Well there's no doubt that
Well I can tell you from my own experience.
1. I'm charging my company iphone always 100 by night. After 12 months ios shows already lost of 15% in capacity and I'm getting shorts sot already.
2. In my company (that I work for 16y) we use lenovo ThinkPad laptops. On begining like all ppl we use them 100 to 20% mostly. IT need to change batteries every year. After New policy and lenovo vantage options we now use charge to 80% and not charge if battery is higher than 30%. Now IT need to change our batteries every 3 or more years and on my p53 after 3 y I have still same SOT I was have on begining. And company save aaaaa lot money for batteries as ws we have tons of laptops.
3. I have a RC hobby. I fly with 3D helicopters, boats and planes. I use lithium polymer batteries, as for maintanance they are same as li ion. I'm in my hobby for 16y now. Some of my batteries that are F expensive have now 8 y and only 5% loose in capacity. The only rule is do not discharge below 20% and do not left it full for longer than needed (we charge them full just before flight and flight takes 5 minutes) . I use digital chargers that gives info how many mah I can put back to them so in example 2200mah bat after flight have like 400 mah left and I still put 1500 mah I. 8 y old bat.
So yes. The last 15% is wearing battery more than charge often to 85%. As battery reach full capacity the higher is voltage and resistant during charging. Resistance is a key as it makes permanent wear on electrodes. The lower resistance the longer battery life. It is just chemistry.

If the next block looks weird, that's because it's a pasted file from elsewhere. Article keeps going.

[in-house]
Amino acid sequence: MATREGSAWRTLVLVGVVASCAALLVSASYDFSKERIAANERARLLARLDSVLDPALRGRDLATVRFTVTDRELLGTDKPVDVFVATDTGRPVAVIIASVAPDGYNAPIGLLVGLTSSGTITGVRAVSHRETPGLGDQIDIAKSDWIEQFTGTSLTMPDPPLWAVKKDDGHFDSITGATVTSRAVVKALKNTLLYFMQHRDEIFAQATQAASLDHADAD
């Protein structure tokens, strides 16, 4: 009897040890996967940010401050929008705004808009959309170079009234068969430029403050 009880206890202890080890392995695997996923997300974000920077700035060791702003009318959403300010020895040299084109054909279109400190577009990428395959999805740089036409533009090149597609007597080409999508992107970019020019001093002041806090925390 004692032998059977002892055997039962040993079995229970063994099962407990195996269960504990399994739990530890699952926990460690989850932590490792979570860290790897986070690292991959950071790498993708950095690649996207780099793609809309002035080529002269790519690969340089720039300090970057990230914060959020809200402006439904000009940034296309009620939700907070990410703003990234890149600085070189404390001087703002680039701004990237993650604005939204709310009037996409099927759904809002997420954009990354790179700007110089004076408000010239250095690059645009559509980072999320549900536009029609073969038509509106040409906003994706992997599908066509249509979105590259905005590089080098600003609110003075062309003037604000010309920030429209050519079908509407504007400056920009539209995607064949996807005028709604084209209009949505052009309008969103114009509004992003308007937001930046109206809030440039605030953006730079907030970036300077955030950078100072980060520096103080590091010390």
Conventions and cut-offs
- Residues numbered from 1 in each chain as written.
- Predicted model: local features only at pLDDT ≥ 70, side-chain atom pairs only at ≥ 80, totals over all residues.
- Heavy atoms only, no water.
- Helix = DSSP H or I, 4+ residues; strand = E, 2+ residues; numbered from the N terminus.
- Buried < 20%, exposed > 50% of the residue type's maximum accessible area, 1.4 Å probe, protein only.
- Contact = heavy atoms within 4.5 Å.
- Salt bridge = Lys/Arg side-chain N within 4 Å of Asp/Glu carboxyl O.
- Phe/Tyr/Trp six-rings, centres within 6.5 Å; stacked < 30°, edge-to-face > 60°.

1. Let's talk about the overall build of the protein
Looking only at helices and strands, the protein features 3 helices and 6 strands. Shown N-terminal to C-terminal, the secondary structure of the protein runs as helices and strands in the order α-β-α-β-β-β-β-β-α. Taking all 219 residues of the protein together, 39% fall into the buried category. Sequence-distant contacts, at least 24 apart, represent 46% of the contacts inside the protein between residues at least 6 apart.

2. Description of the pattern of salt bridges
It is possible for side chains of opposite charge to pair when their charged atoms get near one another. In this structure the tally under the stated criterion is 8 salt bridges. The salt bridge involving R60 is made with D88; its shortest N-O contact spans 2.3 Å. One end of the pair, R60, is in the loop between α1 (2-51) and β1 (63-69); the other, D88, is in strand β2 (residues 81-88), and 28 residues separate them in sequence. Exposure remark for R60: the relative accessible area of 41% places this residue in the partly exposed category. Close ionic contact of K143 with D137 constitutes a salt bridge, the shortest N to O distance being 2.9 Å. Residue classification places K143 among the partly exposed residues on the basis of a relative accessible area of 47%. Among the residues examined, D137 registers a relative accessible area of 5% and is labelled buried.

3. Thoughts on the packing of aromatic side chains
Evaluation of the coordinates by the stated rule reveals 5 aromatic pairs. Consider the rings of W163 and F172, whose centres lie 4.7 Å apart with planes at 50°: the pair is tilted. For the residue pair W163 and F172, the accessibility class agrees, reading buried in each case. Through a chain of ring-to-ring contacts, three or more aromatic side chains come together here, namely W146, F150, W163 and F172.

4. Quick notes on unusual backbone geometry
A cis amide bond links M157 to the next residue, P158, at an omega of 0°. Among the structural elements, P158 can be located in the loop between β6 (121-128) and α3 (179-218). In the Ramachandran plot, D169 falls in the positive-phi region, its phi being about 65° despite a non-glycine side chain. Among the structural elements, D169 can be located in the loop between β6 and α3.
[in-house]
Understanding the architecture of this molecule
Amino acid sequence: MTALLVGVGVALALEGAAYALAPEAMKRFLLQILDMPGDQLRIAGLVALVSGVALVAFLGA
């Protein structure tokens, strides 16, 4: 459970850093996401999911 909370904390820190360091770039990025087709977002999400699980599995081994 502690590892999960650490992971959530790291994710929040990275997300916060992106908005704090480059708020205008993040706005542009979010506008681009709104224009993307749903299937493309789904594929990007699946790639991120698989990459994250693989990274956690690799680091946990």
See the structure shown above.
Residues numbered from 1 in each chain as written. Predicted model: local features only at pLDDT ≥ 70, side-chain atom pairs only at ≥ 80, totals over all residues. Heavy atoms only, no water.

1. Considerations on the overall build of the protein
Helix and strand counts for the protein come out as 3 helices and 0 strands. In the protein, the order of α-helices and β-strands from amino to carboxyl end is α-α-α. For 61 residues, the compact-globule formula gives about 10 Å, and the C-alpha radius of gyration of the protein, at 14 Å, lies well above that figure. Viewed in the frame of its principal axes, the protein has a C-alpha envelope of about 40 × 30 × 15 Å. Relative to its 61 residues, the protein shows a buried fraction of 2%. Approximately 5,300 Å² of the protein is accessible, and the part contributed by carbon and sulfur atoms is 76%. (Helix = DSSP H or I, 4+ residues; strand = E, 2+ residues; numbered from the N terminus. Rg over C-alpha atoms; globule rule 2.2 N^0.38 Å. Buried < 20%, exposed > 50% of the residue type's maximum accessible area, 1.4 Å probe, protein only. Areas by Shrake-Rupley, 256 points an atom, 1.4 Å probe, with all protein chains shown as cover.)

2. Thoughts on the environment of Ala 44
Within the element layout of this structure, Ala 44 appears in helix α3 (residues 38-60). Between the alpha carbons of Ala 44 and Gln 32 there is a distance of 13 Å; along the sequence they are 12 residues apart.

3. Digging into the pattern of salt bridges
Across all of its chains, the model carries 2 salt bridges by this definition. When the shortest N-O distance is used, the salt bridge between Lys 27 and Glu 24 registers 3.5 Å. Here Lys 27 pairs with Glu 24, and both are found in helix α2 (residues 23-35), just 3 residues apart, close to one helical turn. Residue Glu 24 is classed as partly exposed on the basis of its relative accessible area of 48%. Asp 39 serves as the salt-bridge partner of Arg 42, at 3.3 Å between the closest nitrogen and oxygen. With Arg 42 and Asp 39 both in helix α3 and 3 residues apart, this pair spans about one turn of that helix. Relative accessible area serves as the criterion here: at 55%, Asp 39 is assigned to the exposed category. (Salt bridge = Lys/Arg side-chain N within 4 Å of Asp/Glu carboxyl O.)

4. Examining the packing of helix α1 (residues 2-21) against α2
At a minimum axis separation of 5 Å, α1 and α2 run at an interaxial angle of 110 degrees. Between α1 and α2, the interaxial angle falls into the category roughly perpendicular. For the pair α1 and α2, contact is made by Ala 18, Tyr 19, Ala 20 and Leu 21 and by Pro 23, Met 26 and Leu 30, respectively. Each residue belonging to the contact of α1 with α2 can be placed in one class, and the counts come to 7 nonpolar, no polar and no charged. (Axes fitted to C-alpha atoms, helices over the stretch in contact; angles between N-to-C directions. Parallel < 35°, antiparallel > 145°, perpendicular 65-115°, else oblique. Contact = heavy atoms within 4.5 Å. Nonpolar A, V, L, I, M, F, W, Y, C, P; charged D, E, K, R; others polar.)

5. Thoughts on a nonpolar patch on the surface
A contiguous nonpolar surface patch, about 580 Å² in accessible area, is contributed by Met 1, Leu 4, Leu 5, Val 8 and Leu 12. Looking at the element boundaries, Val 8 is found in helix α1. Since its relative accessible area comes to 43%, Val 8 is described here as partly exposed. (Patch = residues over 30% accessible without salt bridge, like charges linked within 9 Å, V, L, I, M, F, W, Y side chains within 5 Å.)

With my old s10+ that I never discharge below 30% and mostly charge to 85% after 4y I only loose 1h of sot...
I completely agree that there are certainly many ways to "save" battery health, and how you describe the above (in quite a wide variety of scenarios and not even quoting Samsung devices in a comparative way) is probably not the most optimal way to do it either - that is, you could probably save even more, but inconvenience/impracticality would start becoming an issue. However, the question is whether it's worth changing approaches at all specifically for Samsung devices.
I know for Electric Cars, some batteries are much better at reducing degradation than others. Generally, there have been significant improvements all around as battery tech improves. The Blade battery for example is so good at reducing degradation that the manufacturer/sales companies don't bother suggesting/recommending their customers charge to 85-90% only like many other brands do.
I can't speak for the iPhone or for laptops/tablets (also wouldn't surprise me if you're using old models which have older anti-degradation battery tech etc), but I can share my real-world experience with having owned 3 previous Samsung phones (prior to S23 Ultra). With the S7 (owned for 2-years) and S9+ (owned for 3-years), I observed what I'd subjectively say as mild degradation by charging to 100% overnight (and thus leaving it "on charge" at 100% for at least 4-6 hours a day). I use the term "mild degradation" as it did not impact my everyday use of the phone at all in terms of battery life. This is what is actually important, rather than measuring some number with some app which may or may not be accurate.
With the S21 Ultra (owned for 2-years), I actually stopped leaving the phone charging overnight, but always topped up to 100% in the evenings (before bedtime) and then disconnected the charger once it hit 100%. That would be the only period of time I'd charge the phone on the vast majority of days. When the phone was brand new, the estimated battery life reported by Device Care ("A full charge will last about") was 2 days and 2 hours. 2-years later, it remains the same. However, more importantly (as referenced above), I also noticed no change in everyday use of the phone in terms of battery life.
Anyway, it's possible that Samsung battery tech is better than (older) iPhone models and other laptops. Who knows really. But anyway, I still don't see any compelling reason to only charge to 85% for my specific use case, but it's interesting to read about other people's experiences.